As they approach Grandia Province, Ky attempts to write down his plan to escape to Central on a napkin for Indie to read, but they’re interrupted as the Pilot’s voice comes over their speakers. The Pilot says that he plans to address the entire nation soon, but that those participating in the Rising’s first wave should be addressed first. He informs them all of the plague infecting thousands around the Provinces. Ky is shocked and remembers that Eli said his parents died of a mysterious illness in Central. The pilot continues that the plague was created by the Society for the Enemy but that it’s now been repurposed. Those in flight now carry the cure aboard their ships and must deliver it to the most heavily infected cities, including Grandia and Central. Indie immediately mouths to Ky that they’re not detouring to Central just for Cassia’s sake.

The Pilot informs them that they are paired with people they know and care about to avoid going off track for their own selfish purposes, like bringing the cure to family and friends, since they don’t have an excess amount to spare. Ky observes aloud how similar this seems to the Society, and the Pilot, as if answering him, says, “We are not the Society” (p. 74). The Pilot says that the plague has reached a peak, irreparably interfering with Matching Banquets all across the Provinces. When he finishes, Indie reassures Ky that Cassia will be fine.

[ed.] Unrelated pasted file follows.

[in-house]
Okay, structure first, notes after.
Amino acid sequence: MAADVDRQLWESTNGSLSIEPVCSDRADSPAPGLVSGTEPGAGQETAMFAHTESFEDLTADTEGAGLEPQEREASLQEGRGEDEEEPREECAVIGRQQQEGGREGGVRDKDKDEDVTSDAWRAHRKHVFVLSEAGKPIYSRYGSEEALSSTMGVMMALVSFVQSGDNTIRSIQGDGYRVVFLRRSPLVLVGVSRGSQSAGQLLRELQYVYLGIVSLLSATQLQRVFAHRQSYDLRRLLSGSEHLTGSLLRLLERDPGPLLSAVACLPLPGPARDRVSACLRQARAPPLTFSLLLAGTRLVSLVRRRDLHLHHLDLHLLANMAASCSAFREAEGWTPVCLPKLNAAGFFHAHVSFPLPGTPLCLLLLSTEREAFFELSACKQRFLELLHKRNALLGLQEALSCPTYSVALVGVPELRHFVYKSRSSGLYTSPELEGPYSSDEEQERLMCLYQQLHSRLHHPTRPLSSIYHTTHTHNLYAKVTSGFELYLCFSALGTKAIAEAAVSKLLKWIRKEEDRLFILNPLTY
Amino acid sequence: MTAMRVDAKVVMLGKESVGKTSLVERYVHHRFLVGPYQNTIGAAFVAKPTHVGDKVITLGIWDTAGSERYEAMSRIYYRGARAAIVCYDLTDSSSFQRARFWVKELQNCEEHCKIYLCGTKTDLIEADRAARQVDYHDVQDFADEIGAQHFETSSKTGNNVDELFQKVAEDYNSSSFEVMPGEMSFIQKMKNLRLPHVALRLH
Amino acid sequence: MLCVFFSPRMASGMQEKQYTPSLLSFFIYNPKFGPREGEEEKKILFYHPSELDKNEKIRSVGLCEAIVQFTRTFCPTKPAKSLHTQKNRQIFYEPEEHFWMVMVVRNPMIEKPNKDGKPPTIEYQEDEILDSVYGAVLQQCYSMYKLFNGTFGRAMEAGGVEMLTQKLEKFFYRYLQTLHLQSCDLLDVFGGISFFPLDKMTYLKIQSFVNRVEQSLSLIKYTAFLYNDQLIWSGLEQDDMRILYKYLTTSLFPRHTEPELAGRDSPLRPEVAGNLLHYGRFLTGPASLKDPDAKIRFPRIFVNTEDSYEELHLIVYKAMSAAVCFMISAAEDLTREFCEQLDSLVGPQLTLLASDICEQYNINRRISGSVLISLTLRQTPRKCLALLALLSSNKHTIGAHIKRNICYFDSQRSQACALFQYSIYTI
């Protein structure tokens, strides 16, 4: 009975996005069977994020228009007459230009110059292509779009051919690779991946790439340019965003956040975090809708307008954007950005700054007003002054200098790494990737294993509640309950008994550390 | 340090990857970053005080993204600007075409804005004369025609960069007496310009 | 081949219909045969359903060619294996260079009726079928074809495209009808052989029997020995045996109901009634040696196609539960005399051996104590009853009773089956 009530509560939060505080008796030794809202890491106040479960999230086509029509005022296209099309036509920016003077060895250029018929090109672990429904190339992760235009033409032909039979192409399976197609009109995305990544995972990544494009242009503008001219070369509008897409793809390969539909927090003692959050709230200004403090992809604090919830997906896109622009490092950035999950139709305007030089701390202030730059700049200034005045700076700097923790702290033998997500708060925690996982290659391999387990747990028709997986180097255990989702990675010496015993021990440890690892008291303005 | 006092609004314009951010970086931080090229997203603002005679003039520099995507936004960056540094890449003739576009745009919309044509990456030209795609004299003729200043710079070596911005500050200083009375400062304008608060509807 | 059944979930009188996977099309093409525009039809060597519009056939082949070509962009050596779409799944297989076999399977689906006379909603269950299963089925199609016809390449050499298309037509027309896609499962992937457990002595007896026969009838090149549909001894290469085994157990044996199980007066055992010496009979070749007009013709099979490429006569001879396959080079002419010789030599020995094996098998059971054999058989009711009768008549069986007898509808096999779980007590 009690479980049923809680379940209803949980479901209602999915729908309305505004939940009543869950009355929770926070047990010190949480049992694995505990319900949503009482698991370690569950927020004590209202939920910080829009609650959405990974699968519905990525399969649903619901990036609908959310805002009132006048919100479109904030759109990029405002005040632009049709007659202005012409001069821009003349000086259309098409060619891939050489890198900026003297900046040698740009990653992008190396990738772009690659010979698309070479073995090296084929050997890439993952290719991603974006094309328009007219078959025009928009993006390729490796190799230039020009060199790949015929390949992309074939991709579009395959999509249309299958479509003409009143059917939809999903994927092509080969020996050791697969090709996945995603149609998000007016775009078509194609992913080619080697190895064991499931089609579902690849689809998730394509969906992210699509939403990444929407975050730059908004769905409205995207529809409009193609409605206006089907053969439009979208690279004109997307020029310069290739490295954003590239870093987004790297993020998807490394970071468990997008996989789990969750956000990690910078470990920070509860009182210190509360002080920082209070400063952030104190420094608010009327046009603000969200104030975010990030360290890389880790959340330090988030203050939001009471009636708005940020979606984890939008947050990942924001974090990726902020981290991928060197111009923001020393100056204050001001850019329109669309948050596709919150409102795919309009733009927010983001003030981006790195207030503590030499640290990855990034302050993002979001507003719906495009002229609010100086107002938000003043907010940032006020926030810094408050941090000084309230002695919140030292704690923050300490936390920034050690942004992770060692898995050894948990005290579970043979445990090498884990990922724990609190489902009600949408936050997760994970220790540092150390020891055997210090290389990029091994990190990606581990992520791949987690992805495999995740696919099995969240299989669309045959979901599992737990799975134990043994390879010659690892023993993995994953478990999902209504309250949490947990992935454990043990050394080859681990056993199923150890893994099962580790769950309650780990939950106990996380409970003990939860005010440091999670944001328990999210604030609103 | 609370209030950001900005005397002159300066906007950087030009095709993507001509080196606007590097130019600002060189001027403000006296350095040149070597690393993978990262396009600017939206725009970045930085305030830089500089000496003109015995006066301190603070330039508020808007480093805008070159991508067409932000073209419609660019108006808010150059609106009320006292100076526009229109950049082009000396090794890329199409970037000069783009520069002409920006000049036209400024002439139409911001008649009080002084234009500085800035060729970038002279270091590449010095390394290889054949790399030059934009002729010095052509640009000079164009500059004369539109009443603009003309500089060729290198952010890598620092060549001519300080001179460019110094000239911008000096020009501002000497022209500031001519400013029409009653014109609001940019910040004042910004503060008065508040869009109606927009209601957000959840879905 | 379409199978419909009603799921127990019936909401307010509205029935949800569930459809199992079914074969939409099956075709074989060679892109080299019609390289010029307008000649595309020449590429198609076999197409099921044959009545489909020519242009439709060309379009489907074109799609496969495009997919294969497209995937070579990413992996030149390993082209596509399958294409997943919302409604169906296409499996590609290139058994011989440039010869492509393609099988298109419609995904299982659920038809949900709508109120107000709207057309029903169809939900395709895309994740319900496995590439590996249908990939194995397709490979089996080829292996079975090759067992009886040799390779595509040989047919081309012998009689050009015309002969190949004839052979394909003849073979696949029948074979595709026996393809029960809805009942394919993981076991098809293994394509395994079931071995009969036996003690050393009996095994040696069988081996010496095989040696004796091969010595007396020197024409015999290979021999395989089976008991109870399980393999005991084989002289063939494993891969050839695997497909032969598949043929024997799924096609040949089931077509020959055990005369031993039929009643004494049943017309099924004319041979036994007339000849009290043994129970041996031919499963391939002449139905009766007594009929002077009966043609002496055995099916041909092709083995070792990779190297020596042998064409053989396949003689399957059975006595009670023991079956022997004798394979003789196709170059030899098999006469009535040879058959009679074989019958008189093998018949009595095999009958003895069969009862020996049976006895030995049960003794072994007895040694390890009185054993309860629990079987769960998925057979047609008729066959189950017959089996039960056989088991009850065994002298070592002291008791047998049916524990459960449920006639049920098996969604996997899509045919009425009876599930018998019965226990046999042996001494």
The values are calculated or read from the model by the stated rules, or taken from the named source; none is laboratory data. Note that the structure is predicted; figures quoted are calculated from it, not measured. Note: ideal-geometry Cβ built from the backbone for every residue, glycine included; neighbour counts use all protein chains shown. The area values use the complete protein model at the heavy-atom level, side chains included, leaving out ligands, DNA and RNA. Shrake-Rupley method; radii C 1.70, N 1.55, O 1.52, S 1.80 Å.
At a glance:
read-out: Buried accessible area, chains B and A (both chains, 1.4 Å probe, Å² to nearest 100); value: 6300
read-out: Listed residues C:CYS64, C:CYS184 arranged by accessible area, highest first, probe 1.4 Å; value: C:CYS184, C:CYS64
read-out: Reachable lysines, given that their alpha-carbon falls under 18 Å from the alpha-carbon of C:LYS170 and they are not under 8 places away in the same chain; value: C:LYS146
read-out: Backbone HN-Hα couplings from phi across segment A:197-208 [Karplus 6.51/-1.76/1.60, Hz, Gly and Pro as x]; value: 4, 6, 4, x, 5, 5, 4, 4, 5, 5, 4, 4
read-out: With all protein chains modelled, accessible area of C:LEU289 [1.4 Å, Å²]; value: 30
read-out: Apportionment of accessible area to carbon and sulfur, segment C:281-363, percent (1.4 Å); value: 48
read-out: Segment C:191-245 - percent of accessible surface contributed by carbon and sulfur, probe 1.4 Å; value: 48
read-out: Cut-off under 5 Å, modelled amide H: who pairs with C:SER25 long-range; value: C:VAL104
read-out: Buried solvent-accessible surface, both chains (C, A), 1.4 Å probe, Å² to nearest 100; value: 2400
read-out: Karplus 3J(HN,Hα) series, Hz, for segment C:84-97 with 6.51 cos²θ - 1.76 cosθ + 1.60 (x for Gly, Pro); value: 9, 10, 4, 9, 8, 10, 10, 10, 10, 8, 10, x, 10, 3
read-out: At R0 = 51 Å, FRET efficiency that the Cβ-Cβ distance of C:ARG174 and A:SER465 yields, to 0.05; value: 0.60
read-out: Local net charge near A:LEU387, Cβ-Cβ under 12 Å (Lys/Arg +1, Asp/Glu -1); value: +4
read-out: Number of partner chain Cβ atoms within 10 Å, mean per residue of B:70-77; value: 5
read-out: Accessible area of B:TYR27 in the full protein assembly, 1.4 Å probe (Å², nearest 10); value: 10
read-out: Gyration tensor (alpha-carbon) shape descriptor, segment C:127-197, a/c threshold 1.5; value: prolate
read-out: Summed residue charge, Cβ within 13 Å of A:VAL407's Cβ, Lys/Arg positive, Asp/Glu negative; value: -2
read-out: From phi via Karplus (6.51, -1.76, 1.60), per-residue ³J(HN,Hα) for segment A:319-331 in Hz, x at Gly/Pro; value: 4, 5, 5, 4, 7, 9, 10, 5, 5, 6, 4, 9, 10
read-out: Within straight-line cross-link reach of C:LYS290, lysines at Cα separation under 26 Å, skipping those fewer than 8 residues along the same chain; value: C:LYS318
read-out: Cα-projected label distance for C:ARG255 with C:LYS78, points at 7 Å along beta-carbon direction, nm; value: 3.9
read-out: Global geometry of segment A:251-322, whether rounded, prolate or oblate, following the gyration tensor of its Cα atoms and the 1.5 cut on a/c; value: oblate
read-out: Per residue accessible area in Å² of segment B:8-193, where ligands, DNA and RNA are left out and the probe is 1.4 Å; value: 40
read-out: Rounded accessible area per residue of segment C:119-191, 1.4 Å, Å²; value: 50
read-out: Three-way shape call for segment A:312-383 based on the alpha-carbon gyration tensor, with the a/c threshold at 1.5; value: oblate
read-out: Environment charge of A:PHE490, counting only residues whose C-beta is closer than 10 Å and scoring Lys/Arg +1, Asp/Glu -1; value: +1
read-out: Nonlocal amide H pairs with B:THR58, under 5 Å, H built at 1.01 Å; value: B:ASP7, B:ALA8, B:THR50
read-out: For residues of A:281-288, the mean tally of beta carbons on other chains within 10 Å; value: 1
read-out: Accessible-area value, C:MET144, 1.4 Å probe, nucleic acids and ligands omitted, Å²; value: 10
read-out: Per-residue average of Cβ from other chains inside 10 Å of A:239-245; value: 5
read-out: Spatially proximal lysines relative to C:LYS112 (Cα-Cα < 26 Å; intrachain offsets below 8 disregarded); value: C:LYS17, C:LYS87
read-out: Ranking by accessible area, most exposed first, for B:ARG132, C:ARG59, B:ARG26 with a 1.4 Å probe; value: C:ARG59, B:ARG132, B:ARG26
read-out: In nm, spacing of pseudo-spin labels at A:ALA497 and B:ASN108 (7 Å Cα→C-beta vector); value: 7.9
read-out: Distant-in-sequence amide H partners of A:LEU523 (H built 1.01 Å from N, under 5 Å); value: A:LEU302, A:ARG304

Indie brings them in for a smooth landing outside Camas City Hall. She stays with the ship while Ky and Caleb run cases of red-tubed cures inside. As they do, they hear the Pilot singing a mournful rendition of the Anthem of the Society over the ports. Ky catches sight of a patient as he heads out again and hates how still he looks. He feels a bit of loyalty to the Rising for the way they’re saving people from such a state. When they finish delivering cases and return to the ship, Caleb curiously still has one with him, which the commander over the speaker tells Ky and Indie is approved. They take off again and head back to Camas to get more. Indie assures Ky that others will bring cures to Central, to Cassia. They fly higher and Ky notices how far away the stars really are.

Chapter 7: Xander

Rising officers come into City Hall, where Xander is being kept, and release him along with others. Xander hears the Pilot’s voice for the first time and thinks it sounds exactly how it should. He is escorted out, and realizes that Official Lei is not coming with him; she’s not part of the Rising.

Outside, some Officials are attempting in vain to fight back against the Rising rebels. A ship overhead shoots warning shots to deter them. The Pilot sings the sad Society Anthem over speakers. Xander heads into the medical center, where he rids himself of his white Official uniform in favor of a black Rising one.